A warning to the curious?
Burial in Ancient Israel: The Bronze Age
The Intermediate Bronze Age is so heavily marked by a rise in lavish burials that it’s one of the central features of the age. One of the largest ancient cemeteries in the Holy Land is at Bab edh-Dhra’, where 20,000 tombs have been discovered, including many shaft graves filled with grave offerings. An unusual feature…
Early Ossuaries and Shaft Tombs: Burial in Ancient Israel
During the Chalcolithic Period (the “Copper Age,” roughly beginning 5000BC), a new kind of burial started appearing along the coastal plain, at sites like Azor, Bene-Berak, and Hedera. This marks the first appearance of ossuaries, which will become a key element in the treatment of the dead. These early ossuaries are made of clay, and…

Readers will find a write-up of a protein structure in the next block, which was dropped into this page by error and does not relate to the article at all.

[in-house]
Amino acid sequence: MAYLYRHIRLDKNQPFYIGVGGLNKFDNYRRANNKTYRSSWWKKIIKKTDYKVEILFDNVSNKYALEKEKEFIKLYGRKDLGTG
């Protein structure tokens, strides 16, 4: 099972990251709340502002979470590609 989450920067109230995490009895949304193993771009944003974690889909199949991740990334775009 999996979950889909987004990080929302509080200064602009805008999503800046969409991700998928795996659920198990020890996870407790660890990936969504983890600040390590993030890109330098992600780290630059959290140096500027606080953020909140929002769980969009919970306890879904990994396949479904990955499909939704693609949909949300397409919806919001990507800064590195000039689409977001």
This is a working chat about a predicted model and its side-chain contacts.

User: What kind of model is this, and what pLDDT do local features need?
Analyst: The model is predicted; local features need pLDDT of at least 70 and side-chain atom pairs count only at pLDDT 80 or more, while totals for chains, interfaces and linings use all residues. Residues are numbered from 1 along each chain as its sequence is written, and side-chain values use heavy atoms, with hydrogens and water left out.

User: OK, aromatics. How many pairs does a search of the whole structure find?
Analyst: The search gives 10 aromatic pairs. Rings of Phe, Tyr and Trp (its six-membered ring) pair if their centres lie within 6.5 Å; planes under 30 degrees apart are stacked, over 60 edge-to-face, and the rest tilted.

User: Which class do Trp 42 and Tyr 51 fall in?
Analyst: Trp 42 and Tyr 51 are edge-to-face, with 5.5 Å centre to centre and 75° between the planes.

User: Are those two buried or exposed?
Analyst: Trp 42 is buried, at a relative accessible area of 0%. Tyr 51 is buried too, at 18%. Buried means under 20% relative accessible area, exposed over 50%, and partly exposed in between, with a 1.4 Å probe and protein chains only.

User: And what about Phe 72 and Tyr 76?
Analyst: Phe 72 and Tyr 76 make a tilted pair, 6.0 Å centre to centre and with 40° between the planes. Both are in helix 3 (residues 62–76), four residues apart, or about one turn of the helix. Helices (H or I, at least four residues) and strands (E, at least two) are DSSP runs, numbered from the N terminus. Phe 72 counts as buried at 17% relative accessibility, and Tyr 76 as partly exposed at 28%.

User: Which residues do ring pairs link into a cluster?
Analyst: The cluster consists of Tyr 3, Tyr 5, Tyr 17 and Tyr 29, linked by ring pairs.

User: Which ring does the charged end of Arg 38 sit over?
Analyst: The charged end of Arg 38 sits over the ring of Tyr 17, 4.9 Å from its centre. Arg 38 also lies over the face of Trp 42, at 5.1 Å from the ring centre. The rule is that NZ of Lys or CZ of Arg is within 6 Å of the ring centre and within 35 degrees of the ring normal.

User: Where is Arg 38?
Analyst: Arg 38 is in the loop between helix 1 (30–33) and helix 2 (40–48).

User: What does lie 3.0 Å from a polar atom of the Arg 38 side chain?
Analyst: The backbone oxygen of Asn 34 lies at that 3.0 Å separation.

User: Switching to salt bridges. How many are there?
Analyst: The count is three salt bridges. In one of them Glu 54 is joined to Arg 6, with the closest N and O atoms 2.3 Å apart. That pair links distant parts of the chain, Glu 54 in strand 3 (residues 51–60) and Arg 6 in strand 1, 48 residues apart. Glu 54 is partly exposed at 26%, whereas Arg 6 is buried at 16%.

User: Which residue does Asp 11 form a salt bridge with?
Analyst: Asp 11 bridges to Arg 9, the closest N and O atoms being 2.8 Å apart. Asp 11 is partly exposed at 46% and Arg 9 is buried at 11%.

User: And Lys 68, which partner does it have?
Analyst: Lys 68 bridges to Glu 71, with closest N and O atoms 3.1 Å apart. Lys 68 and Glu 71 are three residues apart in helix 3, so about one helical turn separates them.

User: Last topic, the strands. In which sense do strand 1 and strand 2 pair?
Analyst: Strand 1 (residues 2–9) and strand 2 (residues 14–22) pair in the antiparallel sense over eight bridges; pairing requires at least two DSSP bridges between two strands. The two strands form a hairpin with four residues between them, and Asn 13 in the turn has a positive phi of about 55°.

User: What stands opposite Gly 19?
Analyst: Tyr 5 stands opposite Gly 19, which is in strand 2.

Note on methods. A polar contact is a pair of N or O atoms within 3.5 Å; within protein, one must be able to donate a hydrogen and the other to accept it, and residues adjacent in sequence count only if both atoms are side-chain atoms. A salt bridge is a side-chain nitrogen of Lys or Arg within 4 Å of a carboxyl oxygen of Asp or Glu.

Burial in Ancient Israel: The Earliest Evidence
Death, dying, and burial loomed large in the minds of ancients. Their art, poetry, rituals, religion, and traditions frequently focused on some aspect of mortality, and the region of ancient Palestine that gave birth to Judaism and Christianity are no exception. Given the extremely complex theological issues bound up in life, death, and sin, the way ancient Jews and Christians consigned their dead to the earth can tell us something about what they thought and felt.
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